mississippi choctaw and choctaw tribe explained here:
http://en.wikipedia.org/wiki/Choctaw_Trail_of_Tears
http://www.choctaw.org/

jena choctaw tribe in louisiana:
http://www.jenachoctaw.org/

MOWA tribe
http://encyclopediaofalabama.org/face/Article.jsp?id=h-1368
http://www.uab.edu/uabmagazine/2009/july/losttribe
http://www.native-american-online.org/MOWA-Choctaw.htm
MOWA Band Of Choctaws Wilford Taylor 1080 Red Fox Road Mount Vernon, AL 36560 (251) 829-5500. E-Mail: chieftaylor@mowachoctaw.com

other choctaw tribes:
http://www.aaanativearts.com/choctaw-indians/index.html

chickasaw historical society
Historic Preservation and Repatriation Office
Phone: (580) 272-5325
Fax: (580) 272-5327
2020 E. Arlington, Suite 4, Ada, OK 74820
send mail to: P.O. Box 1548, Ada, OK 74821

chickasaw tribe
Chickasaw Nation Headquarters
520 East Arlington, Ada, OK 74820
Phone (580) 436-2603
Mailing address: P.O. Box 1548, Ada, OK 74821
http://www.chickasaw.net/index.htm

chickasaw genealogy archive center Tribal Library
Phone: (580) 310-6477
Fax: (580) 559-0773
1003 Chamber Loop, Ada, OK 74820
send mail to: P.O. Box 1548, Ada, OK 74821

http://www.okhistory.org/
oklahoma historical society
other historical societies:
http://www.daddezio.com/society/hill/SH-OK-NDX.html
some oklahoma genealogical societies:
http://www.censusfinder.com/oklahoma-genealogy-society.htm
http://www.geneasearch.com/societies/socokla.htm

texas tribes
http://www.native-languages.org/texas.htm
http://www.accessgenealogy.com/native/texas/index.htm
http://www.texasindians.com/
http://www.texasindians.com/
http://www.lsjunction.com/places/indians.htm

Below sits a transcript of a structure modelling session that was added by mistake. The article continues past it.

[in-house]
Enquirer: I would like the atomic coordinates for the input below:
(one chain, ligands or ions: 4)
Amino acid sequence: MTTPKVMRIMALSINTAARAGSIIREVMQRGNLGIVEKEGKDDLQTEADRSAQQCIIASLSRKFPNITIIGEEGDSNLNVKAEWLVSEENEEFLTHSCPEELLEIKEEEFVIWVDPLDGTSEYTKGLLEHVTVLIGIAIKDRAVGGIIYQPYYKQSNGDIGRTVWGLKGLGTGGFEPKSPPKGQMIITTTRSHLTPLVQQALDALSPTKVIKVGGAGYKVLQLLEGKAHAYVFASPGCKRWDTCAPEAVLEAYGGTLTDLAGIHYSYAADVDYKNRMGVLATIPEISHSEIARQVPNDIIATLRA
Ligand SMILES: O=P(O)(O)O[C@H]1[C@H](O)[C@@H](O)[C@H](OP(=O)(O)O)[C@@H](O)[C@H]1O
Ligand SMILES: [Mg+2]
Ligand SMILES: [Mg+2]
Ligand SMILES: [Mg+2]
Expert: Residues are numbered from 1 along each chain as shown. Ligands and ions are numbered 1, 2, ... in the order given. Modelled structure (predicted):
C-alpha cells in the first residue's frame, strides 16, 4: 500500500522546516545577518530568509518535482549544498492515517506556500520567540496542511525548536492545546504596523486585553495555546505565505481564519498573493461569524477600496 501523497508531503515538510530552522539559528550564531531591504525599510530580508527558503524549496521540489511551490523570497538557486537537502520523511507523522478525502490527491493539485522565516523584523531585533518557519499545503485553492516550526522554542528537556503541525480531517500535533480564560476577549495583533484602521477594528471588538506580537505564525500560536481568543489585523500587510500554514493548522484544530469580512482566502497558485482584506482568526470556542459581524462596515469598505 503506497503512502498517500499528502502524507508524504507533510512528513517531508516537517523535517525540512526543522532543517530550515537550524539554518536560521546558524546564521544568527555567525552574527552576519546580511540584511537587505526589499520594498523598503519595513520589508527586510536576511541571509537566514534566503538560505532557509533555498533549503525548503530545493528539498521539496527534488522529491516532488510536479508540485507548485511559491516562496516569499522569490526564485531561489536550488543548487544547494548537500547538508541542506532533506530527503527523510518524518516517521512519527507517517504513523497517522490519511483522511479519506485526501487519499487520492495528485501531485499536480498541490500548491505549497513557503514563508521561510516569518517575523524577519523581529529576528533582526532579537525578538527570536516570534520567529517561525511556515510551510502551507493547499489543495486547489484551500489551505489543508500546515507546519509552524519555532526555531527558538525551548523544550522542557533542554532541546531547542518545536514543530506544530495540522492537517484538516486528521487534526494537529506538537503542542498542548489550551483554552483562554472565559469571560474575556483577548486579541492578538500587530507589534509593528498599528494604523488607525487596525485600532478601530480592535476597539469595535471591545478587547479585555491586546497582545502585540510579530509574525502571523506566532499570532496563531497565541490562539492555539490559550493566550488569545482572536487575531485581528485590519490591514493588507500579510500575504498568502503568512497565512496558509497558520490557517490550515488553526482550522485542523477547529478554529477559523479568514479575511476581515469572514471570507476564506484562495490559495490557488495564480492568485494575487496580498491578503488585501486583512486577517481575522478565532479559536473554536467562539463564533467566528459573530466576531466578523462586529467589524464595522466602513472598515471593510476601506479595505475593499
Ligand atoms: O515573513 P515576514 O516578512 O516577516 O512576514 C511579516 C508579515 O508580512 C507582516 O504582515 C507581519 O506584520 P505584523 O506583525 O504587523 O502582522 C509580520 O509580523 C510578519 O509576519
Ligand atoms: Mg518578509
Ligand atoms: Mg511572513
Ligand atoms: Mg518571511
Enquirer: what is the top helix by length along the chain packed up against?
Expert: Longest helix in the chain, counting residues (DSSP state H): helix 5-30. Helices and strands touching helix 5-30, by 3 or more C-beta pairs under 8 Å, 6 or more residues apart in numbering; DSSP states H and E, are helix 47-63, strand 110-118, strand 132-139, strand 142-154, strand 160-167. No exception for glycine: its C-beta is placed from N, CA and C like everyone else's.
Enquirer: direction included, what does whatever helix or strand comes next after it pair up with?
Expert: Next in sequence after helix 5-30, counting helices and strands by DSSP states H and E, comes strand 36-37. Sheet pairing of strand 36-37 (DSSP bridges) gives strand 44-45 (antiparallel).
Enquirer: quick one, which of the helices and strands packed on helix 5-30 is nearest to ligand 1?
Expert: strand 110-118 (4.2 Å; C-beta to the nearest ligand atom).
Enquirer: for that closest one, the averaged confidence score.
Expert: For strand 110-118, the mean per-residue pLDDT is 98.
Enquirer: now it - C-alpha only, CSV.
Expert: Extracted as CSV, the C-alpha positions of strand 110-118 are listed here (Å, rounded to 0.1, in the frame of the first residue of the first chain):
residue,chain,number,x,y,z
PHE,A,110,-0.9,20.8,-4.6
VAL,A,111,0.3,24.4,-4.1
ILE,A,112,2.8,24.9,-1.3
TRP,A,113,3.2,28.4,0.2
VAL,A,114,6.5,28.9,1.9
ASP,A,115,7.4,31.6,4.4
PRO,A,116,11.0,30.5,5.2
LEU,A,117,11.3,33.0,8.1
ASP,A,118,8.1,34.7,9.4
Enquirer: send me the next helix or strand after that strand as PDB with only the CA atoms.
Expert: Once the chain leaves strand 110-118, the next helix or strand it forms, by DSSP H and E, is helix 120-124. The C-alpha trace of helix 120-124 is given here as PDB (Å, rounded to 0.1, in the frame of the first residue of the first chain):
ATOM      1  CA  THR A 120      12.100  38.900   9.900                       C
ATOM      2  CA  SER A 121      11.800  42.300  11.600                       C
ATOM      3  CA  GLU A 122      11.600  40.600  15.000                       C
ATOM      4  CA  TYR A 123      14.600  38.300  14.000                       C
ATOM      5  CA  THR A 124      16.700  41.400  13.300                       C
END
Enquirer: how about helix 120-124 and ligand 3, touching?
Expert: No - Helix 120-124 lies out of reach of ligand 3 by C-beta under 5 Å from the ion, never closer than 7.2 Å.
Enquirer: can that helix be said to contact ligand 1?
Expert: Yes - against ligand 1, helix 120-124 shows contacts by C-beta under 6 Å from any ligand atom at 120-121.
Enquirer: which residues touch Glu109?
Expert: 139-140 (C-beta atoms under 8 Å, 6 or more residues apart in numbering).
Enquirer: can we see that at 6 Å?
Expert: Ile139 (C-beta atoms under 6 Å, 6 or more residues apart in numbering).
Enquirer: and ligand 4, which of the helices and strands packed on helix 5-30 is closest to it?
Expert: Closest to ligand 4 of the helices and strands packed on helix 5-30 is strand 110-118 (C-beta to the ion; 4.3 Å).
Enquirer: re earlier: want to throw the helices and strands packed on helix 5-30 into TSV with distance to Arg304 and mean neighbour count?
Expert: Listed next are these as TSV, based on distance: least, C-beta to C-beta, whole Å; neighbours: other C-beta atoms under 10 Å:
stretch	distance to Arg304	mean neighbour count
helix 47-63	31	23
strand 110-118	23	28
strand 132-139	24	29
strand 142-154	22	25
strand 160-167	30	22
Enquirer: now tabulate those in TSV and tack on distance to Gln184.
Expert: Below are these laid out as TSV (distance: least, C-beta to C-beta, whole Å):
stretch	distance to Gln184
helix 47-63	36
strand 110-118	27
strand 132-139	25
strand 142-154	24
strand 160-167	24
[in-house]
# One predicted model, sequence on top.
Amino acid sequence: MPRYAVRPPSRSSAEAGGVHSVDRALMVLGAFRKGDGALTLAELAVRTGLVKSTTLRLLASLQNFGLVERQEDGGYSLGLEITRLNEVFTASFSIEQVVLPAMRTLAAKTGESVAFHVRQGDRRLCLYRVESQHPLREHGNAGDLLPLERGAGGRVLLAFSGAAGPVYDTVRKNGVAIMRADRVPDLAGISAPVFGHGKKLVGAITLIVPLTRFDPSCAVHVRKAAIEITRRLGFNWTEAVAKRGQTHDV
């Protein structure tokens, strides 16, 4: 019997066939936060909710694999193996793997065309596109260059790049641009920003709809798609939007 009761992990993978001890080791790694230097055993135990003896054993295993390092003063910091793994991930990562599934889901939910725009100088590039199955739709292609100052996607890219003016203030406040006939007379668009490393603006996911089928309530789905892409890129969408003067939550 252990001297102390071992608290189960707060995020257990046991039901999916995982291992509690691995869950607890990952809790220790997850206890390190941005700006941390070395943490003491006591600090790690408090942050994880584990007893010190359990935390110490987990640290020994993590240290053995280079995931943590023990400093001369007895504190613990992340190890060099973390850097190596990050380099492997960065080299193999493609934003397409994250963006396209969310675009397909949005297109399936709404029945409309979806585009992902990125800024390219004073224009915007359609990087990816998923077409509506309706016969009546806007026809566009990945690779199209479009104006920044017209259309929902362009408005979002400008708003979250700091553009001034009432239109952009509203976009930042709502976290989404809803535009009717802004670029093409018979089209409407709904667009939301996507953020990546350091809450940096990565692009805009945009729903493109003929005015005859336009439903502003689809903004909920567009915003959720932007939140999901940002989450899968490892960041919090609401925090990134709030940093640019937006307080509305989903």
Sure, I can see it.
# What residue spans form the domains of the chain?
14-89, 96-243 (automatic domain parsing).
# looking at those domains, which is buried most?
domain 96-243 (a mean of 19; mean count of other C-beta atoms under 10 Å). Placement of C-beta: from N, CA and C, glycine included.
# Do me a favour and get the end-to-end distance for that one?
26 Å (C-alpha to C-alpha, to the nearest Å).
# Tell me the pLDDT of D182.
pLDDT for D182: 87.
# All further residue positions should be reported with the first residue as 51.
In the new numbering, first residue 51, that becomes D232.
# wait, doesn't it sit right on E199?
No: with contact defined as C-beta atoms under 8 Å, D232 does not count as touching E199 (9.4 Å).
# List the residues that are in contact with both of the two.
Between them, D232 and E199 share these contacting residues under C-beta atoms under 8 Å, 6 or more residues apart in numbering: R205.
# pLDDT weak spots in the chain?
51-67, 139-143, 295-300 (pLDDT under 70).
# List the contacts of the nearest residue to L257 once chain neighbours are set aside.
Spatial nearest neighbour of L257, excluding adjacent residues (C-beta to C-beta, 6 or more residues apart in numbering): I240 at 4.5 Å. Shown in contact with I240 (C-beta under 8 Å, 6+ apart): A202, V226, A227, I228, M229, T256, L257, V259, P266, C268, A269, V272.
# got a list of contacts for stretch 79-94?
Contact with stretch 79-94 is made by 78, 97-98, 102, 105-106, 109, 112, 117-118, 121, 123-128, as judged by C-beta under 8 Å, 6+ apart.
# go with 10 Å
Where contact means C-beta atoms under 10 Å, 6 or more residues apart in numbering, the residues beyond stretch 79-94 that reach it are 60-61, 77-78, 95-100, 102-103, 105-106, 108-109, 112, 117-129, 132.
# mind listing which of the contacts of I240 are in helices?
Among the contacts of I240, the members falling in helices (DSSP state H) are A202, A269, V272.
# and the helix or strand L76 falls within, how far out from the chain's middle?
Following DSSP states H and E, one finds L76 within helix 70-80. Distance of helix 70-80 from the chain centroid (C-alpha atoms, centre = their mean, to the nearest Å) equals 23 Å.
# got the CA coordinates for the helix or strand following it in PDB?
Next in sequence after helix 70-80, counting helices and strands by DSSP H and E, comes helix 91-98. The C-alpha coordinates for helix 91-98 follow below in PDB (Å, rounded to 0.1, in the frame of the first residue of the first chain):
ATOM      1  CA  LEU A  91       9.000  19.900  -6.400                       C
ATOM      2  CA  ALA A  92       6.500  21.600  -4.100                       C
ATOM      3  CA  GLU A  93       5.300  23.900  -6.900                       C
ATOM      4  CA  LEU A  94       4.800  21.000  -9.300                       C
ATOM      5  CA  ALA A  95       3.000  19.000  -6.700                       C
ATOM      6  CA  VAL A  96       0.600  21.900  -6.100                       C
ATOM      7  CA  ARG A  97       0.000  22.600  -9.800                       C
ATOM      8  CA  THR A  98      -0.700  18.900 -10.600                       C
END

oklahoma tribes:
http://500nations.com/Oklahoma_Tribes.asp
http://www.accessgenealogy.com/native/oklahoma/index.htm
http://www.cowboy.net/native/tribes.html

some links for the choctaw.
http://www.accessgenealogy.com/native/tribes/choctaw/index.htm
i looked at the land records and those need a lot of work. i have no information about whether or when they will improve some of these categories.

types of records available for native americans:
pages 366-369 in particular although the entire native american chapter is helpful.
The Genealogist’s Companion and Sourcebook:
Guide to the Resources You Need for Unpuzzling Your Past
Emily Anne Croom
you can ask for these particular pages from your local public library. if they don’t have the book, you can get the pages through the interlibrary loan program.
native american records are discussed in pages 352-386.

Tracing ancestors among the Five Civilized Tribes: Southeastern Indians …
By Rachal Mills Lennon
this book could be accessed through the interlibary loan program also.

always find the state archives. some records are online, some records are not. but many times you can find a record not found in other places. you want to see also about newspaper mentions for obituaries, births, marriages in particular.

check courts for probate, civil and criminal cases, marriage records.

if your ancestors lived on a reservation, they might not appear on a federal census because they were not taxed.
http://www.okgenweb.org/~okgarvin/kinard/1860index.htm
1860 census, indian territory.

this book is a good read about the dawes roll and how they implemented it.
The Dawes Commission and the allotment of the Five Civilized Tribes, 1893-1914
By Kent Carter

good advice about native research:
http://jenniferhsrn2.homestead.com/research2.html

if your relatives came from a different geographic location or belonged to a different tribe, try searching google for the state and tribes. you might find a contact for a state-recognized tribe or a federal recognized tribe.

this page can help you set up a targeted google search.
http://www.searchforancestors.com/google/searcher.html

these searches will combine several possible search terms and give you the best matches.

i have collected many resources over the years. if you want to write to me, shamlet76@gmail.com and request the choctaw resource list, i will be glad to send it to you.

i am just a volunteer that wants to empower people to learn how to do genealogy.

suzanne hamlet shatto

Sean Pritchett Sean Pritchett

posted on September 15, 2011

Thank you for your help. After speaking to my mother, her Grandpa’s name was Louis. So you’ve helped me in naming my Great Grandfather and Grandmother. I look forward to seeing what else I can find out.

Thanks,

Sean